I definitely have a family. I have a boyfriend who has kids, and we do normal things every day, like get up and go to school. Eat breakfast, lunch and dinner.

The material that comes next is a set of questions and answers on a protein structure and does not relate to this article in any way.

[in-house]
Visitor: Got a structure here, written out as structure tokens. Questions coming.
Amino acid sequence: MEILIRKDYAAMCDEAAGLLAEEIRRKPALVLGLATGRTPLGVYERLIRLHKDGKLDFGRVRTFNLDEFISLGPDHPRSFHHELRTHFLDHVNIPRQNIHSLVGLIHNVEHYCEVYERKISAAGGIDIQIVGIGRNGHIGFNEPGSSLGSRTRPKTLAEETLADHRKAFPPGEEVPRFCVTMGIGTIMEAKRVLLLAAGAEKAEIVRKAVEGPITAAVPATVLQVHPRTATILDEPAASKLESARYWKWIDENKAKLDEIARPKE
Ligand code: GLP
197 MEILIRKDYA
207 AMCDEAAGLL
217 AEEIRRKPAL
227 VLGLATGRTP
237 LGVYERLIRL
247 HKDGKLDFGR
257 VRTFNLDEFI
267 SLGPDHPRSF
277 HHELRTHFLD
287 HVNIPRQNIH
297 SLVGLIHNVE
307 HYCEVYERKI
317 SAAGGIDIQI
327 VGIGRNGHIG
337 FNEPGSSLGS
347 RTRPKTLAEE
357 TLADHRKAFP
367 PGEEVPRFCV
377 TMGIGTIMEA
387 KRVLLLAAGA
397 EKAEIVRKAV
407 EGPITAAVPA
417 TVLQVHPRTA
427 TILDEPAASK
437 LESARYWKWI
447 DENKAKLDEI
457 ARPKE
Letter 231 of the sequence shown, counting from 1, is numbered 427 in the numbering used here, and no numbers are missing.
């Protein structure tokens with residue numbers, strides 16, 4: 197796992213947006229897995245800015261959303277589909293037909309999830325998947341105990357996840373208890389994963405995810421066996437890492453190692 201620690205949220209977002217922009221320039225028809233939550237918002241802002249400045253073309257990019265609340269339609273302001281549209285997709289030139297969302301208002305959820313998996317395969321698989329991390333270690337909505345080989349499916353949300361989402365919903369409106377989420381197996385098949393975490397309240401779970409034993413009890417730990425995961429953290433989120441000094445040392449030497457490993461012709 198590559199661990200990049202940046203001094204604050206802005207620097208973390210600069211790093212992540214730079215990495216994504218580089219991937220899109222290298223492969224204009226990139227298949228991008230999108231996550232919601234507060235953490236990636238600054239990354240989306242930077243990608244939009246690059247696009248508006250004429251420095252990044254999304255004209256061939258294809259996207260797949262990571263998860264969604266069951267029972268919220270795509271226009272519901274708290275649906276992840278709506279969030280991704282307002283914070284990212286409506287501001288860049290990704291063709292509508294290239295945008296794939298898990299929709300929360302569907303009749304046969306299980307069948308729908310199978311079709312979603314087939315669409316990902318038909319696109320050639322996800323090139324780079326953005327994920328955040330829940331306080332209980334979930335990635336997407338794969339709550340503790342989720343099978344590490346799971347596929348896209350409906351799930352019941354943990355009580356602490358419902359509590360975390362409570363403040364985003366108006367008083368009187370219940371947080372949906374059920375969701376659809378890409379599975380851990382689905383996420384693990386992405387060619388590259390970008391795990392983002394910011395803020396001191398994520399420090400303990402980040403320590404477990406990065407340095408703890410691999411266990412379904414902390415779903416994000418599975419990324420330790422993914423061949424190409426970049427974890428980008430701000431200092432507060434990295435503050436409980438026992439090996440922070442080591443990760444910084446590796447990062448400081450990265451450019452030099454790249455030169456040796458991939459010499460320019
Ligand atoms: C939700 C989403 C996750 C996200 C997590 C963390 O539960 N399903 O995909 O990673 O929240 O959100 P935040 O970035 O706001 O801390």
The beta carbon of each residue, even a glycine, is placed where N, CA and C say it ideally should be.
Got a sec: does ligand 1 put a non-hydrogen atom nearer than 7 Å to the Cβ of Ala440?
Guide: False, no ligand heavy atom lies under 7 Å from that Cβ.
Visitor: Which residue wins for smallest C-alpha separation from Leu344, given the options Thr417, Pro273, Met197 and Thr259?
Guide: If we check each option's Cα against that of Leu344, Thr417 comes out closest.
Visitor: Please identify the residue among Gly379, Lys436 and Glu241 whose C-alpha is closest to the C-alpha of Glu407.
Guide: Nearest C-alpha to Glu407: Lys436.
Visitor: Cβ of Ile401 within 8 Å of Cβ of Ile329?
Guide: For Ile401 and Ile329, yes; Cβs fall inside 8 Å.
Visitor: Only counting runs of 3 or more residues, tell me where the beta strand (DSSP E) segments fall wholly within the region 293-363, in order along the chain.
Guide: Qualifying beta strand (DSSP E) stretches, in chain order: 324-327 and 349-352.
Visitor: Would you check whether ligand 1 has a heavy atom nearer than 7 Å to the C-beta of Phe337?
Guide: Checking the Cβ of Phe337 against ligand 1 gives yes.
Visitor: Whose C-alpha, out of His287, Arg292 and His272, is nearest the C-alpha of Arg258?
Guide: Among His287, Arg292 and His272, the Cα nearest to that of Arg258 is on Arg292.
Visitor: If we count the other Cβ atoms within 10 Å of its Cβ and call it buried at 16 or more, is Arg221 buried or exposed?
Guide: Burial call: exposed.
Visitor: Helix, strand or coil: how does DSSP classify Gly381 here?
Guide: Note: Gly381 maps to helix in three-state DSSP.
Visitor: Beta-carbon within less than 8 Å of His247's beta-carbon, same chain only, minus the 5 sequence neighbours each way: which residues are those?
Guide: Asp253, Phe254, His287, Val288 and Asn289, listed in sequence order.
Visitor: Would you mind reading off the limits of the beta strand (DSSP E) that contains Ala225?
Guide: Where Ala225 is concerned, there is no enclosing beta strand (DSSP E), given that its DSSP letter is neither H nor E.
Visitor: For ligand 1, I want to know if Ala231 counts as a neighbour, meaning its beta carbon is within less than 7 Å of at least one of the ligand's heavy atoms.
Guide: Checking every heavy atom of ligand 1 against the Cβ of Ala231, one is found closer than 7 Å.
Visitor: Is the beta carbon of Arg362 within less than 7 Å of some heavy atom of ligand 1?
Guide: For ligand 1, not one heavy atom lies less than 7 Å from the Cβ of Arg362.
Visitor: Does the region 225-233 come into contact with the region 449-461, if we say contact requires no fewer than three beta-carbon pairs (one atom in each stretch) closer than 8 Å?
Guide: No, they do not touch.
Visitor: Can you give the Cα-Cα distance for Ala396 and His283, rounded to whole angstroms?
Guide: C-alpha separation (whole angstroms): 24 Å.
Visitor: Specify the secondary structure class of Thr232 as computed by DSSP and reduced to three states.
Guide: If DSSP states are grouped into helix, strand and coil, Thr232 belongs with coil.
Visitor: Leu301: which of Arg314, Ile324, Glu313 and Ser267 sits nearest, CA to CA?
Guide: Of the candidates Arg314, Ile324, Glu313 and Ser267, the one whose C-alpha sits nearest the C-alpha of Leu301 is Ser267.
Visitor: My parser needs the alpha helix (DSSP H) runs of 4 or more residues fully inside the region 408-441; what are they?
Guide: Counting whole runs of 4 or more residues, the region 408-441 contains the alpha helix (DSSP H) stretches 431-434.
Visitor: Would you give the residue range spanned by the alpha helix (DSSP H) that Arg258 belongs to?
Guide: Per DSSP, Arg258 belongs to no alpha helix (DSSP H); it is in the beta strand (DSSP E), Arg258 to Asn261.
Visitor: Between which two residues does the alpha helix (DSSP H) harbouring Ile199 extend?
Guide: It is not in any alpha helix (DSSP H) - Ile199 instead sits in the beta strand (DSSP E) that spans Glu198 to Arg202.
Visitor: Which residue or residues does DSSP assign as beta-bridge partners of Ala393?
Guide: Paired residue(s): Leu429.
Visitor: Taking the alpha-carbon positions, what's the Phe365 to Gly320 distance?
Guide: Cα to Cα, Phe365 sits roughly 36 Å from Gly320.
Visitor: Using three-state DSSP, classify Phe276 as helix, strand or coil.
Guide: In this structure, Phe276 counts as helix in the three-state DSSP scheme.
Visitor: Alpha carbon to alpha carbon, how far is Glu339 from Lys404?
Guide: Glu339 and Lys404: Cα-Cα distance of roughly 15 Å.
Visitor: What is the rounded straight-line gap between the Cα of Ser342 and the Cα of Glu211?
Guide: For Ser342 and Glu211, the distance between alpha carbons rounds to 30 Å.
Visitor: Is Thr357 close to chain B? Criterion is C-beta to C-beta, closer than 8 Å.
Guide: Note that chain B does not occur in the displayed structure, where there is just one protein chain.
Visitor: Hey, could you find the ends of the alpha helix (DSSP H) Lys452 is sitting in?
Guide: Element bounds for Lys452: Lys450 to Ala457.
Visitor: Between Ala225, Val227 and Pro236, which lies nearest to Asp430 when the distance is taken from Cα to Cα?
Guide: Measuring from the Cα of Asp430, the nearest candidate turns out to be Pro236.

I do not write every day. I write to the questions and issues before me. I write to deadlines. I write out of my passions. And I write to make peace with my own contradictory nature. For me, writing is a spiritual practice. A small bowl of water sits on my desk, a reminder that even if nothing is happening on the page, something is happening in the room--evaporation. And I always light a candle when I begin to write, a reminder that I have now entered another realm, call it the realm of the Spirit. I am mindful that when one writes, one leaves this world and enters another. My books are collages made from journals, research, and personal experience. I love the images rendered in journal entries, the immediacy that is captured on the page, the handwritten notes. I love the depth of ideas and perspective that research brings to a story, be it biological or anthropological studies or the insights brought to the page by the scholarly work of art historians.When I go into a library, I feel like I am a sleuth looking to solve a mystery. I am completely inspired by the pursuit of knowledge through various references. I read newpapers voraciously. I love what newspapers say about contemporary culture. And then you go back to your own perceptions, your own words, and weigh them against all you have brought together. I am interested in the kaleidoscope of ideas, how you bring many strands of thought into a book and weave them together as one piece of coherent fabric, while at the same time trying to create beautiful language in the service of the story. This is the blood work of the writer.Writing is also about a life engaged. And so, for me, community work, working in the schools or with grassroots conservation organizations is another critical component of my life as a writer. I cannot separate the writing life from a spiritual life, from a life as a teacher or activist or my life intertwined with family and the responsibilities we carry within our own homes. Writing is daring to feel what nurtures and breaks our hearts. Bearing witness is its own form of advocacy. It is a dance with pain and beauty.